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PostPosted: 11 Dec 2007, 10:22 
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Grand High Lord Admiral of Hell
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CUSTOMS & BELIEFS ASSOCIATED WITH SCOTTISH CHRISTMAS

Black Bun. Originally Twelfth Night Cake. It is a very rich fruit cake, almost solid with fruit, almonds, spices and the ingredients are bound together with plenty of Whisky. The stiff mixture is put into a cake tin lined with a rich short pastry and baked.

This takes the place of the even more ancient Sun Cakes. A legacy from Scotland's close associations with Scandinavia. Sun cakes were baked with a hole in the centre and symmetrical lines around, representing the rays of the Sun. This pattern is now found on the modern Scottish Shortbread, and has been misidentified as convenient slices marked onto the shortbread!

Bees leave hives Xmas Morn.
There is an old belief that early on Christmas Morning all bees will leave their hives, swarm, and then return. Many old Scots tell tales of having witnessed this happening, though no-one can explain why. One explanation is that bees get curious about their surroundings, and if there is unexpected activity they will want to check it out to see if there is any danger. As people were often up and about on Christmas night observing various traditions, or just returning from the night services, the bees would sense the disturbance and come out to see what was going on.

Divination customs - Ashes, Bull, Cailleach
There are a number of ancient divination customs associated with Scottish Christmas tradition. One involves checking the cold ashes the morning after the Christmas fire. A foot shape facing the door was said to be foretelling a death in the family, while a foot facing into the room meant a new arrival. Another was the ceremonial burning of Old Winter, the Cailleach. A piece of wood was carved roughly to represent the face of an old woman, then named as the Spirit of Winter, the Cailleach. This was placed onto a good fire to burn away, and all the family gathered had to watch to the end. The burning symbolised the ending of all the bad luck and enmities etc of the old year, with a fresh start.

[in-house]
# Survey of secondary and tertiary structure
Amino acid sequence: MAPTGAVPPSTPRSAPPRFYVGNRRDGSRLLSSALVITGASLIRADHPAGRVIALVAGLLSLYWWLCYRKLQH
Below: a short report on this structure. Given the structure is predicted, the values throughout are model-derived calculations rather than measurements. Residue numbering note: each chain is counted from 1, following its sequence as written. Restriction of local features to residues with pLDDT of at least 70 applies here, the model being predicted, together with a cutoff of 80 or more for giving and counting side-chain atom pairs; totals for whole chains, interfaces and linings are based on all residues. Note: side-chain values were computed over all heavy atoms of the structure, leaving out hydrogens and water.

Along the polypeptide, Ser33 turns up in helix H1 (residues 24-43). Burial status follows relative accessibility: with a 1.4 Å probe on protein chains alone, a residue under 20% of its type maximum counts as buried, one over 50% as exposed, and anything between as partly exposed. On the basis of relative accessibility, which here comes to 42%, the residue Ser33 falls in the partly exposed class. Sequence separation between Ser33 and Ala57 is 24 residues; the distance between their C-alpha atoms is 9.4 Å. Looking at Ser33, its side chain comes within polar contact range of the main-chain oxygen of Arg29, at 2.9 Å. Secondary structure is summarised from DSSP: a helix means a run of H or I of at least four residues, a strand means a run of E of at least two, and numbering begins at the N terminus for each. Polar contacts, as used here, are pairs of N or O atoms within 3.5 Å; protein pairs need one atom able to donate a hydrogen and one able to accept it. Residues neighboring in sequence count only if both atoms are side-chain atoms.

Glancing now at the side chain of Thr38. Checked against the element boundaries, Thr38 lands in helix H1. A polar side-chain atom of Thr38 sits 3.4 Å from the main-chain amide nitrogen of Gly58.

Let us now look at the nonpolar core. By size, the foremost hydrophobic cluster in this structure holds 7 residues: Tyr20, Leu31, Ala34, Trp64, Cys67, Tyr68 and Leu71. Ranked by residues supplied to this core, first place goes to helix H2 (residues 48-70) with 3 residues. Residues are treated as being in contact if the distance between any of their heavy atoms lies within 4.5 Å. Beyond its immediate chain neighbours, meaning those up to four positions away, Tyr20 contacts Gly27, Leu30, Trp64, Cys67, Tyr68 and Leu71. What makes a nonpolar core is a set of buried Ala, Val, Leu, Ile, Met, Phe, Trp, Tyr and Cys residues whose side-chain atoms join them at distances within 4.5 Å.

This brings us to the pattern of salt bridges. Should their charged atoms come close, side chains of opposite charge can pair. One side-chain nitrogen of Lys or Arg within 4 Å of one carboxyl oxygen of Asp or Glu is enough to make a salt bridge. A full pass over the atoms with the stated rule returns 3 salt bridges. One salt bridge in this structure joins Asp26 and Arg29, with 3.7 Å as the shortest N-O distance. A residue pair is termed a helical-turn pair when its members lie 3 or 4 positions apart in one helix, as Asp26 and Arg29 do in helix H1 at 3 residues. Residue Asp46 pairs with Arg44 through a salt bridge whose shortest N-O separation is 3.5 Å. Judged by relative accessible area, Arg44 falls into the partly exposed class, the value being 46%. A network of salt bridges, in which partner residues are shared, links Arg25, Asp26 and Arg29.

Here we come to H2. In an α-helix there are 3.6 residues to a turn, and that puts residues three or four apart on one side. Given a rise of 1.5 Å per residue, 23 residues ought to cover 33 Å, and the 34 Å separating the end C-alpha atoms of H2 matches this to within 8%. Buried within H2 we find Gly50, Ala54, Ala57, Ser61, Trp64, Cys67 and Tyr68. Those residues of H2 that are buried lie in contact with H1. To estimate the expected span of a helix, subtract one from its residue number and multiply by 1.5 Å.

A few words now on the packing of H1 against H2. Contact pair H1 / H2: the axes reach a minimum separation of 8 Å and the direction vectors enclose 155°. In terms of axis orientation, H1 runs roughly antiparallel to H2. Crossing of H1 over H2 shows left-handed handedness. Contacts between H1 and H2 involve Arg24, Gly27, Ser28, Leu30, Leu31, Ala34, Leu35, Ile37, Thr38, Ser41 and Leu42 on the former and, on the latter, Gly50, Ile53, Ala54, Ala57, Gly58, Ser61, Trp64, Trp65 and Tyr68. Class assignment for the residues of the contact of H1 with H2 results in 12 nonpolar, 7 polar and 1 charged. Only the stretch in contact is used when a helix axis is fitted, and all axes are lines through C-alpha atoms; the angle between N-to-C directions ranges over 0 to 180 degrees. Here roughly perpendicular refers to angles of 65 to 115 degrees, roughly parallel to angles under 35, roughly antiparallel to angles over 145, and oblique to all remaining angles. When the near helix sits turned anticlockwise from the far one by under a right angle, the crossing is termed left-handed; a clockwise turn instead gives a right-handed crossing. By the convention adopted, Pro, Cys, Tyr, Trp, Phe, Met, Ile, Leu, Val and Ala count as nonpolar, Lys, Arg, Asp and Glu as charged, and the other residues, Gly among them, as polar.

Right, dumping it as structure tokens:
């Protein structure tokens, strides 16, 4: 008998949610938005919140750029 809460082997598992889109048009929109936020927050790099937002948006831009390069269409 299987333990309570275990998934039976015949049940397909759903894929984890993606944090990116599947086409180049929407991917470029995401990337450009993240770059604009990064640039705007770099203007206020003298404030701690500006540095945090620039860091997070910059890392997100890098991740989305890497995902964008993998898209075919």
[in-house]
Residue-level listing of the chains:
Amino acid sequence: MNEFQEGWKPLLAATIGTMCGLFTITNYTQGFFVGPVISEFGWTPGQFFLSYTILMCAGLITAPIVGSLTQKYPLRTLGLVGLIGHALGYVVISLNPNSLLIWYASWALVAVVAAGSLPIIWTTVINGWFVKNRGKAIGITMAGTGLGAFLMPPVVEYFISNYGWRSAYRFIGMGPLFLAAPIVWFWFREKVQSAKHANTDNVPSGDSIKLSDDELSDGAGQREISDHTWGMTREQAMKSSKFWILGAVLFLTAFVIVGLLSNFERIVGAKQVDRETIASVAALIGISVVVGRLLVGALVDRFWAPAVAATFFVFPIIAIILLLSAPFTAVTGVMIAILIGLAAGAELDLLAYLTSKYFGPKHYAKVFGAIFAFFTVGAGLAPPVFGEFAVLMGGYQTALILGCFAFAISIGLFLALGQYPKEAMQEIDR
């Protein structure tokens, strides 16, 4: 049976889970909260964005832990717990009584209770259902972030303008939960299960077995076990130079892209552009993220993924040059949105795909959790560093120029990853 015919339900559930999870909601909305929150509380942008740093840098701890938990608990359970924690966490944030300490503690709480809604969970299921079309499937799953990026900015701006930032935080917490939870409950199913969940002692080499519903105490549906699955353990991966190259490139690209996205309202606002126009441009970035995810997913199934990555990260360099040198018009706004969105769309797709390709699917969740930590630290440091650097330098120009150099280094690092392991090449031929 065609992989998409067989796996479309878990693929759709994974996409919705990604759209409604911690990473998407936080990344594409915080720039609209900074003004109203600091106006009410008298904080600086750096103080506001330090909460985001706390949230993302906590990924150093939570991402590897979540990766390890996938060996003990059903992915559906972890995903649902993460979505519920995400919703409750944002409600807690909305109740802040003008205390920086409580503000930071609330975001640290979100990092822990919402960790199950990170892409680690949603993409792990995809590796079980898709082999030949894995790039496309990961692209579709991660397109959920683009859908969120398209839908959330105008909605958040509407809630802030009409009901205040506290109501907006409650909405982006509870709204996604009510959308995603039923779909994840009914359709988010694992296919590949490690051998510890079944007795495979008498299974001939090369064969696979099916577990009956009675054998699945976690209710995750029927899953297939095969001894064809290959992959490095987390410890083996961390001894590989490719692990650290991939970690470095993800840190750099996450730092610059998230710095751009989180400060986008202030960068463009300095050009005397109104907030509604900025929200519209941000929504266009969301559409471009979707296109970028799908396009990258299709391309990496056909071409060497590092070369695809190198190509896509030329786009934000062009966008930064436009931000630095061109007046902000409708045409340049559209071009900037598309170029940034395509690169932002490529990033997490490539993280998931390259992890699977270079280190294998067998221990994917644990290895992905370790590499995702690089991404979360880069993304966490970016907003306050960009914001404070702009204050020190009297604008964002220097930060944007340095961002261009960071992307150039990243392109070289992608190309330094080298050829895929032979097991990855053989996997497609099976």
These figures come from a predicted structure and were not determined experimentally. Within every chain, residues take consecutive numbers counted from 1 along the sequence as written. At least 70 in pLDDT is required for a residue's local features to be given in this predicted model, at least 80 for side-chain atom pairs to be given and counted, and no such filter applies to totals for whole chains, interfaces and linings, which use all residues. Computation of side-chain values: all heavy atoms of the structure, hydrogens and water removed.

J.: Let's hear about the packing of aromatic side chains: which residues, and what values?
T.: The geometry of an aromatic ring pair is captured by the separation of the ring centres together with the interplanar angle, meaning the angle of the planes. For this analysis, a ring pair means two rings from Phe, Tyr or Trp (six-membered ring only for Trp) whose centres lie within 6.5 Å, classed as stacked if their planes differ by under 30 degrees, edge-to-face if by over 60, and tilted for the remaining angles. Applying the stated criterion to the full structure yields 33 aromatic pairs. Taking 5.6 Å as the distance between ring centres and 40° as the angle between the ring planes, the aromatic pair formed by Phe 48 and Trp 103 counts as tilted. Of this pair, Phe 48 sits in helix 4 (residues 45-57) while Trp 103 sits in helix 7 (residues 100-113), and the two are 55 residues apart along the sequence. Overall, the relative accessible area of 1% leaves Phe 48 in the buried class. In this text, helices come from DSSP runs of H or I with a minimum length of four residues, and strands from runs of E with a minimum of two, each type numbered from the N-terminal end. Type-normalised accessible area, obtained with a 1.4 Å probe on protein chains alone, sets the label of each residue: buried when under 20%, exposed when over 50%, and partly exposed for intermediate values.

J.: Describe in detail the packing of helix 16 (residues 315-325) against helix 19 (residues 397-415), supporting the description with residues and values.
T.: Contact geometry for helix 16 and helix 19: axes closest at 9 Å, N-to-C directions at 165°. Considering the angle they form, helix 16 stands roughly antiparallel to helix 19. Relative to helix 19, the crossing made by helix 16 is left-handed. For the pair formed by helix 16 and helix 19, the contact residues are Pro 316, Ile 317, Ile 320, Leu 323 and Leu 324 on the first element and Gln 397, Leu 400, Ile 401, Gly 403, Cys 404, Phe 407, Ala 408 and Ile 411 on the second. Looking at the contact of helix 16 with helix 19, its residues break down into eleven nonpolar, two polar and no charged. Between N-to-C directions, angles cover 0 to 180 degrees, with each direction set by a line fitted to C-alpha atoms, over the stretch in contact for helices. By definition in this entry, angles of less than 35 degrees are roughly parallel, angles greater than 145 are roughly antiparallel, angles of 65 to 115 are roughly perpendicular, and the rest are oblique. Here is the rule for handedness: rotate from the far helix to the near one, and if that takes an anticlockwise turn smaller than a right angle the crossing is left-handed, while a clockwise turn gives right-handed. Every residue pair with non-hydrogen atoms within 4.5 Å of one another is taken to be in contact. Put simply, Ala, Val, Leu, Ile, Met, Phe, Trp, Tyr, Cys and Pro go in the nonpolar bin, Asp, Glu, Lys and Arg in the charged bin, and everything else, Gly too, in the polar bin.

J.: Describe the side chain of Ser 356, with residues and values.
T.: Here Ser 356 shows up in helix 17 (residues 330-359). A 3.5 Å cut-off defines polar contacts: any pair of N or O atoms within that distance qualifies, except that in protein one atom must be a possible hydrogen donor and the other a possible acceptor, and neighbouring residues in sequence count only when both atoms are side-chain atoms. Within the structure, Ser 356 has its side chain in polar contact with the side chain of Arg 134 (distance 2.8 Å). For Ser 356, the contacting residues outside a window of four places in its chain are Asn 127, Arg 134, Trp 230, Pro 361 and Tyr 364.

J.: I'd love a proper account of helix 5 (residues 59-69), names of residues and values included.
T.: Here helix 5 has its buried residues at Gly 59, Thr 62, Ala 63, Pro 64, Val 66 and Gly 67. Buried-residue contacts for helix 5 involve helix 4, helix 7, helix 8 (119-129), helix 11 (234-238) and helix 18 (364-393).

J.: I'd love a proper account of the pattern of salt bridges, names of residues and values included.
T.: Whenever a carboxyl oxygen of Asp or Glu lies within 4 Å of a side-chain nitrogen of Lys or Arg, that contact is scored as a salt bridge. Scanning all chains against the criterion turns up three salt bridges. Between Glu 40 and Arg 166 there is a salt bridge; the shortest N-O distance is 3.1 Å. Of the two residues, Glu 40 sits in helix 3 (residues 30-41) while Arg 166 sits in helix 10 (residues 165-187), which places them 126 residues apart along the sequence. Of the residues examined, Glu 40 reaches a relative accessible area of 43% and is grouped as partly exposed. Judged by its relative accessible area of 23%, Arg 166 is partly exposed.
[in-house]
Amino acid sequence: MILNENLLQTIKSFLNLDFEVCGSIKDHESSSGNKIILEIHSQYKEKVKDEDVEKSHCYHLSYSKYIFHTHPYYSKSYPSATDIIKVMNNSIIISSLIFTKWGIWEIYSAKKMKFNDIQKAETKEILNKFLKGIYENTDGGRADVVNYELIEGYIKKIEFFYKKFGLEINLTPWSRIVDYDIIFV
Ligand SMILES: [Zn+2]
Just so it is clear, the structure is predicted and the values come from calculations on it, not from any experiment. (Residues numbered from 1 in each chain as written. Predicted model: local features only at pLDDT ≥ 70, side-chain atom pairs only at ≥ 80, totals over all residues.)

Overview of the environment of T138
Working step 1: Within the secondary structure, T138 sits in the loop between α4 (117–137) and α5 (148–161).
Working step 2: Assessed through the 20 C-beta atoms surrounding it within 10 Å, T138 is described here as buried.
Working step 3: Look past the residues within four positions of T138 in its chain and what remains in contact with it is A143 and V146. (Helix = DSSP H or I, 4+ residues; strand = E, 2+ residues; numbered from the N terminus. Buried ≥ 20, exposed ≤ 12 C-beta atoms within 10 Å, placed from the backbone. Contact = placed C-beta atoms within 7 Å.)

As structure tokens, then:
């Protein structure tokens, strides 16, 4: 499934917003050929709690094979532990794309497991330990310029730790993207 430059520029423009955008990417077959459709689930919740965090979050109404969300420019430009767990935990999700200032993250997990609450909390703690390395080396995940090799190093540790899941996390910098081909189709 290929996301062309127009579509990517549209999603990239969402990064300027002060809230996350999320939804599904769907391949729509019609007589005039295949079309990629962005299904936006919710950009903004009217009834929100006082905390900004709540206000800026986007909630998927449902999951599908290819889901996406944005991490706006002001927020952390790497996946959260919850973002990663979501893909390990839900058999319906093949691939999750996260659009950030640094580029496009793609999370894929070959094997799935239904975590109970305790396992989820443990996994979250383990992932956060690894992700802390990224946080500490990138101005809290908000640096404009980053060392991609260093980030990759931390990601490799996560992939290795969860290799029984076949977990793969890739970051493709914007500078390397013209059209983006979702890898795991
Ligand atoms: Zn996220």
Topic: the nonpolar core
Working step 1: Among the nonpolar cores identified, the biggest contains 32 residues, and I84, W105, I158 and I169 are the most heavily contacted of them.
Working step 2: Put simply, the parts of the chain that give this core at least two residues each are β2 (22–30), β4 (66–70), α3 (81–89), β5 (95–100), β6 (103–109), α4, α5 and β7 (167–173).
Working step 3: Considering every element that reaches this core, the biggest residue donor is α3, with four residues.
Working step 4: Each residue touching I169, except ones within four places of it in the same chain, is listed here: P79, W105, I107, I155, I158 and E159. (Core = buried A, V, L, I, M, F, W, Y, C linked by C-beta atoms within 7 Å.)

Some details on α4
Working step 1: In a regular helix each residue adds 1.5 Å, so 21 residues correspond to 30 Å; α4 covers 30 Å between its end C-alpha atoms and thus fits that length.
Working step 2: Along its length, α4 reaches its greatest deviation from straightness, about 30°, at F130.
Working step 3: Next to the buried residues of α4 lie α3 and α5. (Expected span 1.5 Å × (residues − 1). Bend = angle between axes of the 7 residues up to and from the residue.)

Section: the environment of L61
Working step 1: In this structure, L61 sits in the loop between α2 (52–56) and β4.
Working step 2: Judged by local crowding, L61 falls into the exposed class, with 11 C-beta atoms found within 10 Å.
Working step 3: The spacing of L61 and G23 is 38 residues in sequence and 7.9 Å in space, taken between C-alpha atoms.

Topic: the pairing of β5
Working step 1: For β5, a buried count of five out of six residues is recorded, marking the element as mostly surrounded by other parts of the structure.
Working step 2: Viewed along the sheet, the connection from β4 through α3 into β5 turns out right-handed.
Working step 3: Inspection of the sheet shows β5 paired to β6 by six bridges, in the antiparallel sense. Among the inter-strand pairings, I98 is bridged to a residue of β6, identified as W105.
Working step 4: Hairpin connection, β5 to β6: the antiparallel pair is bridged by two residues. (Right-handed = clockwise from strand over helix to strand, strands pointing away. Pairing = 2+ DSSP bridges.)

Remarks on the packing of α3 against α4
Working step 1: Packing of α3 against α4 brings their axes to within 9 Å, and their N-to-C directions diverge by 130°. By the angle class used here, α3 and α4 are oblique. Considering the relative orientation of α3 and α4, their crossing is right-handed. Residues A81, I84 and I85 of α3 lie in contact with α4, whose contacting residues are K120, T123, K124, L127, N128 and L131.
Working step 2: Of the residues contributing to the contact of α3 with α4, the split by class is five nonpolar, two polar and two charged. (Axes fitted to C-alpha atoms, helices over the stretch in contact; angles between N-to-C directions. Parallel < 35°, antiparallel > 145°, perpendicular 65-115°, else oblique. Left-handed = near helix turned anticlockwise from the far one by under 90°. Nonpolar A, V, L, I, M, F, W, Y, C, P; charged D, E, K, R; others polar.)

The Candlemas Bull was in reality a cloud. It was believed that a bull would cross the sky in the form of a cloud, early on the morning on Candlemas, February 2nd. From its appearance people would divine. An East travelling cloud foretold a good year, south meant a poor grain year, but if it faced to the west the year would be poor. This custom was a remnant of the ancient Mithraiac religion, when the Bull-god would come at the start of Spring to warn of the year the farmers could expect.

CANDLELIGHT
All of the Celtic countries have a similar custom of lighting a candle at Christmastime to light the way of a stranger.

In Scotland was the Oidche Choinnle, or Night of Candles. Candles were placed in every window to light the way for the Holy Family on Christmas Eve and First Footers on New Years Eve. Shopkeepers gave their customers Yule Candles as a symbol of goodwill wishing them a 'Fire to warm you by, and a light to guide you'.


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PostPosted: 11 Dec 2007, 21:29 
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Grand Poobah
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sweet!

IO have a shortbread mold like that... hmmmm... I smell cookies!


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